DALLAS (CBS 11 NEWS) – Less than half of all workers have ever asked for a raise and among women only 44 percent have ever asked, according to Business Insider.
“Talking about money makes some people very uncomfortable,” said Dr. Robert Hicks, the founding director of the Organizational Behavior and Executive Coaching program at the University of Texas-Dallas.
Hicks said the key when asking for a raise is to be prepared.
“Otherwise you’re just winging it,” he said. “That rarely works.”
With the help of Hicks, as well as advice from other CEOs, we came up with a list of five tips to getting a raise.
1. Timing can be everything. According to Mint.com, the best time to ask for a raise is early in the week. Forget about asking on a Thursday or Friday, your boss may already have his mind on the weekend.
2. Find out when your company makes its annual budget, then ask for a raise before then. It’s more difficult for your boss to adjust your pay after his budget has been set.
3. Be confident. You should have a specific raise amount in mind when you talk with your boss and a specific reason for it. The reason should be based on job performance and not personal need. Hicks said a big mistake employees often make is bringing personal situations, such as buying a new home or having a new baby, into negotiations. Hicks said it’s business. Don’t make it personal.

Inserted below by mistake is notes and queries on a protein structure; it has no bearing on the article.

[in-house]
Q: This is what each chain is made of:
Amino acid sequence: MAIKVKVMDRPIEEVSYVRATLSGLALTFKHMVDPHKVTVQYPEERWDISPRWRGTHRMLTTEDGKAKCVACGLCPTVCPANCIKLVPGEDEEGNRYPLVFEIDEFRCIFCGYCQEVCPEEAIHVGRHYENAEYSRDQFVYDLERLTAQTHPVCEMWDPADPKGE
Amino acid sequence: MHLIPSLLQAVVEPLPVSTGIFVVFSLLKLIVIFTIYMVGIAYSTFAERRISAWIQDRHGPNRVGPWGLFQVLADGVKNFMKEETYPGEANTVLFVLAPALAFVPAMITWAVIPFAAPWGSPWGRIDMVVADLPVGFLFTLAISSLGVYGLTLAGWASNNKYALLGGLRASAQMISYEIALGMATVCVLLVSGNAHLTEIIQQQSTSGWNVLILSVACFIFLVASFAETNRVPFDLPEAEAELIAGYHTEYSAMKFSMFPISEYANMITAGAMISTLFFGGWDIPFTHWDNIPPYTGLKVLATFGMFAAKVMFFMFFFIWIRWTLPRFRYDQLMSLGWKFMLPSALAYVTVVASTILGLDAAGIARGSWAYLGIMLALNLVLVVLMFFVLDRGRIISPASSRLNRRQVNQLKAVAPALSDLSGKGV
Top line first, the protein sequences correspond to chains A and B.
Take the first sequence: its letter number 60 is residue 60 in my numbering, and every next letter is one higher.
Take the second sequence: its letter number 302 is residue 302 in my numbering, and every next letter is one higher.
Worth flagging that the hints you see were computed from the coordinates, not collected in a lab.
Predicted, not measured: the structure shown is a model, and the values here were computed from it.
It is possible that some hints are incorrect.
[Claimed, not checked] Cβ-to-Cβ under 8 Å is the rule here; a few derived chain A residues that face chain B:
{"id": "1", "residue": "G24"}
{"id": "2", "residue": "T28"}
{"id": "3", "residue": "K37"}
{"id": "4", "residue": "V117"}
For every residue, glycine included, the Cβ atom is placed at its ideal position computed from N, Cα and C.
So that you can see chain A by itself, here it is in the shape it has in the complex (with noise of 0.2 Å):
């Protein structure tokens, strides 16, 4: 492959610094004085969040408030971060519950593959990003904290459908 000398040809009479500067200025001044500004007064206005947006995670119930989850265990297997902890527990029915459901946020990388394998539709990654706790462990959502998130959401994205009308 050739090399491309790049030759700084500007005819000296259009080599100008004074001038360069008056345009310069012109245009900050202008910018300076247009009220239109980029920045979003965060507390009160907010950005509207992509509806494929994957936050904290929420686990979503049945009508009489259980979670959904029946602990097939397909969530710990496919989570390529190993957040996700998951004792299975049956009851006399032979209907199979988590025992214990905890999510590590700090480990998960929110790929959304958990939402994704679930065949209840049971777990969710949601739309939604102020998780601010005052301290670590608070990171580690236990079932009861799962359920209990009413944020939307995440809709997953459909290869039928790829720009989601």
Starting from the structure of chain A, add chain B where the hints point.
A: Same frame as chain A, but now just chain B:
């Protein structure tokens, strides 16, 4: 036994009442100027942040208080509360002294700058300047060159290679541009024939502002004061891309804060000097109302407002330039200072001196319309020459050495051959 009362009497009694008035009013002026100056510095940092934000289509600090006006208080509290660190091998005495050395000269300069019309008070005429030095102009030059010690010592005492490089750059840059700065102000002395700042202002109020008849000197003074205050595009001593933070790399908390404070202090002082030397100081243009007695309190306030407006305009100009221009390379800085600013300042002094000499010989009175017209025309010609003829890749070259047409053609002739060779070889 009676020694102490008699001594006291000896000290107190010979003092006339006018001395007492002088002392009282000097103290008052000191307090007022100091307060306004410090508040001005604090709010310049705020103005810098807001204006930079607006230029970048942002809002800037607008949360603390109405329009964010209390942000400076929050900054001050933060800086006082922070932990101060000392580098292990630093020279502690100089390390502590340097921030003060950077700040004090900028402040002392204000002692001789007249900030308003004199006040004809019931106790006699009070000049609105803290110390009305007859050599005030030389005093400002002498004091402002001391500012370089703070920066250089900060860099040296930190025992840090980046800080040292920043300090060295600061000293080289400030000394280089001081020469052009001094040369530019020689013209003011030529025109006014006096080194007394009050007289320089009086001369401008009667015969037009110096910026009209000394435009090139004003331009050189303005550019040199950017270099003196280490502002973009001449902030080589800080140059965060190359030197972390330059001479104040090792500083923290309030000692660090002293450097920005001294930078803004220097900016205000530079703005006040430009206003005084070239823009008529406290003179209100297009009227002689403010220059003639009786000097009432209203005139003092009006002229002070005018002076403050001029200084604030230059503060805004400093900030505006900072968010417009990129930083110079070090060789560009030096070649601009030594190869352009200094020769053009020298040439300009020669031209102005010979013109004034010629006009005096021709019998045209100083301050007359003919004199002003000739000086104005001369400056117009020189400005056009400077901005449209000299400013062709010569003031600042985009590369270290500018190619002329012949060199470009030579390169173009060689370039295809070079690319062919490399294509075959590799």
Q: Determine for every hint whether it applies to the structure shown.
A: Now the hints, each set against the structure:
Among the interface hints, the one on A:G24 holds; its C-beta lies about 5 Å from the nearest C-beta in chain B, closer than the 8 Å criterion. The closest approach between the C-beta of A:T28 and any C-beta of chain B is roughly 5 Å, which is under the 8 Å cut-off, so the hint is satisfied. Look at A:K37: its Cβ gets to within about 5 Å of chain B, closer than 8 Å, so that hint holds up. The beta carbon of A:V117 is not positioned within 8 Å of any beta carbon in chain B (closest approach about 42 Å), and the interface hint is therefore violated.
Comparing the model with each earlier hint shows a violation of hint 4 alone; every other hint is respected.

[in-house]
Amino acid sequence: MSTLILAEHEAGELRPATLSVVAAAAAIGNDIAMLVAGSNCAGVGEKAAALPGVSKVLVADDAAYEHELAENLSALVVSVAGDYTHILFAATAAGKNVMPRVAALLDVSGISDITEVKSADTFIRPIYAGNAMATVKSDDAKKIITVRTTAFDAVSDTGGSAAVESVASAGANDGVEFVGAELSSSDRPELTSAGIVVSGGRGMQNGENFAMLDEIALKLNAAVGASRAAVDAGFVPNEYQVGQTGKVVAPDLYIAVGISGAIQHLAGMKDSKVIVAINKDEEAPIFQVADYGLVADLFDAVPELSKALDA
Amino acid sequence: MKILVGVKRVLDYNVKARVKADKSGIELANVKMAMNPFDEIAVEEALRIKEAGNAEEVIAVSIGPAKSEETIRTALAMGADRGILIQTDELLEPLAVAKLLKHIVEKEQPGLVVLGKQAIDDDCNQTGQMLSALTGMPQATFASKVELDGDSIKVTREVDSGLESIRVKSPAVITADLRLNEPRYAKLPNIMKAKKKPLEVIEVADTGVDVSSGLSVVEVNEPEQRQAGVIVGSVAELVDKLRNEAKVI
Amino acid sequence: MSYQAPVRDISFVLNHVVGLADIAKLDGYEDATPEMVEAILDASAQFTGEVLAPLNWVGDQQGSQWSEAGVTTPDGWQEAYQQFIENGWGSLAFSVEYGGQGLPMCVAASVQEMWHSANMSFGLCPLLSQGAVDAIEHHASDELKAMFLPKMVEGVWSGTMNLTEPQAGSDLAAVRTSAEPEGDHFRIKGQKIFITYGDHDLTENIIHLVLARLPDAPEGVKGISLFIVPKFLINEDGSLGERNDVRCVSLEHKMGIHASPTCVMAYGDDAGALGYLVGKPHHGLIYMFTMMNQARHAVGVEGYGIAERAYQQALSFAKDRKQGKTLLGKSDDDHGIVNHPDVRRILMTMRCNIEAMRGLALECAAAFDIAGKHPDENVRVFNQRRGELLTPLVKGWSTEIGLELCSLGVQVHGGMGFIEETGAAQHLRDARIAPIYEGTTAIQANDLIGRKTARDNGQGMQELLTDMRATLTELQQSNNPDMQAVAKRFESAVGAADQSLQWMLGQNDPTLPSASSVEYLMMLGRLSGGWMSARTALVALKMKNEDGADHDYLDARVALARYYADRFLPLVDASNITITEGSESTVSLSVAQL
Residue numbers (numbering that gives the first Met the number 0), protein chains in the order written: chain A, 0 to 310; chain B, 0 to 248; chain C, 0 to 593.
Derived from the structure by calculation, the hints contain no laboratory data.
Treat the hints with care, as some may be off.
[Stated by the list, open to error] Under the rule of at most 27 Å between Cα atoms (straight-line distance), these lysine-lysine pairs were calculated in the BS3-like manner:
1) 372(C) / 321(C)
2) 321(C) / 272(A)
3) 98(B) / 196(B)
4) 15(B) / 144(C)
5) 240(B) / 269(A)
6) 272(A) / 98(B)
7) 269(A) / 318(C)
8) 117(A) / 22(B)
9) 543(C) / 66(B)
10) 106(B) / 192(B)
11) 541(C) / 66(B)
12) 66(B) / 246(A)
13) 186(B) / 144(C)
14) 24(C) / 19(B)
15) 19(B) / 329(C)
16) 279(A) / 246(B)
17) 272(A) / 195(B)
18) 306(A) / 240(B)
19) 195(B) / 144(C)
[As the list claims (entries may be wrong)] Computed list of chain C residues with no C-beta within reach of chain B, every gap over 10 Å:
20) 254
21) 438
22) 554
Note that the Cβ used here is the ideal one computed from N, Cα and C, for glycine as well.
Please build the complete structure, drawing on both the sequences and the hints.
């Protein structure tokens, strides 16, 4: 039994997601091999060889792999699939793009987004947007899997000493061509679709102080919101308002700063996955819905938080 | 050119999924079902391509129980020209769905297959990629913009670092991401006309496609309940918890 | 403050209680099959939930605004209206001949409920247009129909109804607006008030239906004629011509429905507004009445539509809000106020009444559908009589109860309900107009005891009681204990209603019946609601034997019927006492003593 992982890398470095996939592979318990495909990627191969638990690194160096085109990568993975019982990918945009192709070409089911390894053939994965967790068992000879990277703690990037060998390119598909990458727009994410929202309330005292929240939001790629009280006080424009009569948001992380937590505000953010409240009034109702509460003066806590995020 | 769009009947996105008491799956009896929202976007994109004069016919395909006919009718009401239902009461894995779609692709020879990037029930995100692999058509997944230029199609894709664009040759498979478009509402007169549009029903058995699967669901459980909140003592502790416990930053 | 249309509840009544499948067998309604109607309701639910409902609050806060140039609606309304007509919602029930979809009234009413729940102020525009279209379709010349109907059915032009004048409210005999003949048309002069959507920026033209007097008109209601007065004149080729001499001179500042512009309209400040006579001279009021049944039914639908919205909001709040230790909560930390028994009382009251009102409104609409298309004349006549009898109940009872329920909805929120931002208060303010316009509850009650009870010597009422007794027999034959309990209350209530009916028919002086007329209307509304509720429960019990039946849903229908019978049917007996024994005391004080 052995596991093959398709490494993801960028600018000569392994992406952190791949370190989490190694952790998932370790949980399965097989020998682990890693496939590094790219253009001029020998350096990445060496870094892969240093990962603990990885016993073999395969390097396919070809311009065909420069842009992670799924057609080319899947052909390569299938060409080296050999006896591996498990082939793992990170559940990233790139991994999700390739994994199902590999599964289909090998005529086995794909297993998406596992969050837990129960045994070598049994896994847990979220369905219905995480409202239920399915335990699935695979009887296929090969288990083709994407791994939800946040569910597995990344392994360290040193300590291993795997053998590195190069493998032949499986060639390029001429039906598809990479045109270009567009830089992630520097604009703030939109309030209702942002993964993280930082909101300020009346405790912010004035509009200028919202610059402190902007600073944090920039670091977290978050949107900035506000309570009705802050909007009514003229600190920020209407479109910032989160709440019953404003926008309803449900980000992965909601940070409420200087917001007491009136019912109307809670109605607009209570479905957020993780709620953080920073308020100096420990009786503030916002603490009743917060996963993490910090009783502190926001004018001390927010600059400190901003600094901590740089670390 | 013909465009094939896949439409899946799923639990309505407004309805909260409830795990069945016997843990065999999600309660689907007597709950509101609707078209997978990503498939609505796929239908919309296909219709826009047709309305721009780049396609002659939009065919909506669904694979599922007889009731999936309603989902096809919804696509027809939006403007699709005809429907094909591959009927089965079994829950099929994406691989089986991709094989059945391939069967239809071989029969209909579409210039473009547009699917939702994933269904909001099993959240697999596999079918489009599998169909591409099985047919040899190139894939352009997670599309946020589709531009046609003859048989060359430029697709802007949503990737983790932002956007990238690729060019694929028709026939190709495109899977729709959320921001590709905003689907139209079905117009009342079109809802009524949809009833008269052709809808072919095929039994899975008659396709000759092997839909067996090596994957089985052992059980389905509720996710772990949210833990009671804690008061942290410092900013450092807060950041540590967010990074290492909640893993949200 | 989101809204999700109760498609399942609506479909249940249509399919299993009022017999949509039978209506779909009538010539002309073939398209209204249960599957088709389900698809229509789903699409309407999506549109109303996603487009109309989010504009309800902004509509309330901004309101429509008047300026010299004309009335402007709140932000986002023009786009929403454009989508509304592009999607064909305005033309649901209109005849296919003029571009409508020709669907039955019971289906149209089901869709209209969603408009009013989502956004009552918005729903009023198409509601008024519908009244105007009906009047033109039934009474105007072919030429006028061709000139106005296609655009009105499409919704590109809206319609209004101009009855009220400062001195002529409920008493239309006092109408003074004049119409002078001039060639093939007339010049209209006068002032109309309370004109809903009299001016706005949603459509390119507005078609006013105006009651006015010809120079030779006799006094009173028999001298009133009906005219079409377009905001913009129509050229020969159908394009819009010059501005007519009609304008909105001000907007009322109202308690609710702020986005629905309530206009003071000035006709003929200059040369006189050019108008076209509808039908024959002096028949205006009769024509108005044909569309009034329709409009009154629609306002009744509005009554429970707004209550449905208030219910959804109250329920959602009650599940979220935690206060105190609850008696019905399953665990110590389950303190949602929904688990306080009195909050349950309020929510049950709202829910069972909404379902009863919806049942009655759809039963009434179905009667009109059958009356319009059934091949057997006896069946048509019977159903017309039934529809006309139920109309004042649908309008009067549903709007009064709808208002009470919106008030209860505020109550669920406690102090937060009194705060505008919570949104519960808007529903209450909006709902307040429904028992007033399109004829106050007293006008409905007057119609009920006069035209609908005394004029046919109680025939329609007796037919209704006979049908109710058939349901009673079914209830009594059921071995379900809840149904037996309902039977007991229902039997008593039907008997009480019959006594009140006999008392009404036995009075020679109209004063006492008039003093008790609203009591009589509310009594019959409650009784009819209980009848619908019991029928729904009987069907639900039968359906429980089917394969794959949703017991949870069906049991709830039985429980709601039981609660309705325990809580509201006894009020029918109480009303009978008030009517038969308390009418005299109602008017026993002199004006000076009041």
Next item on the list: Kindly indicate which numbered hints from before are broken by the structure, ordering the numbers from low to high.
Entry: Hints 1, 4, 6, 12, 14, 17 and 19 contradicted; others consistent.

4. Hicks said it’s also important to not have an inflated sense of yourself. Do your research and know your market value.
5. Schedule a meeting with your boss and tell him ahead of time that you want to talk your compensation. You don’t want him to feel ambushed. Treat the meeting much like a job interview. Come with a plan and have a list of recent accomplishments.
- Texas School Shooting Victims Honored At Sunday Church Service
- Cyclists Tried Scaring Cougar But It Attacked, Killing 1
- 14-Year-Old Pretends He’s NY Cop, Robs Legally Blind Man
- ‘Deadpool 2’ Ends ‘Avengers’ Box-Office Reign, Rakes In $125M
- Trump Demands Justice Department Look Into Whether FBI “Infiltrated” Campaign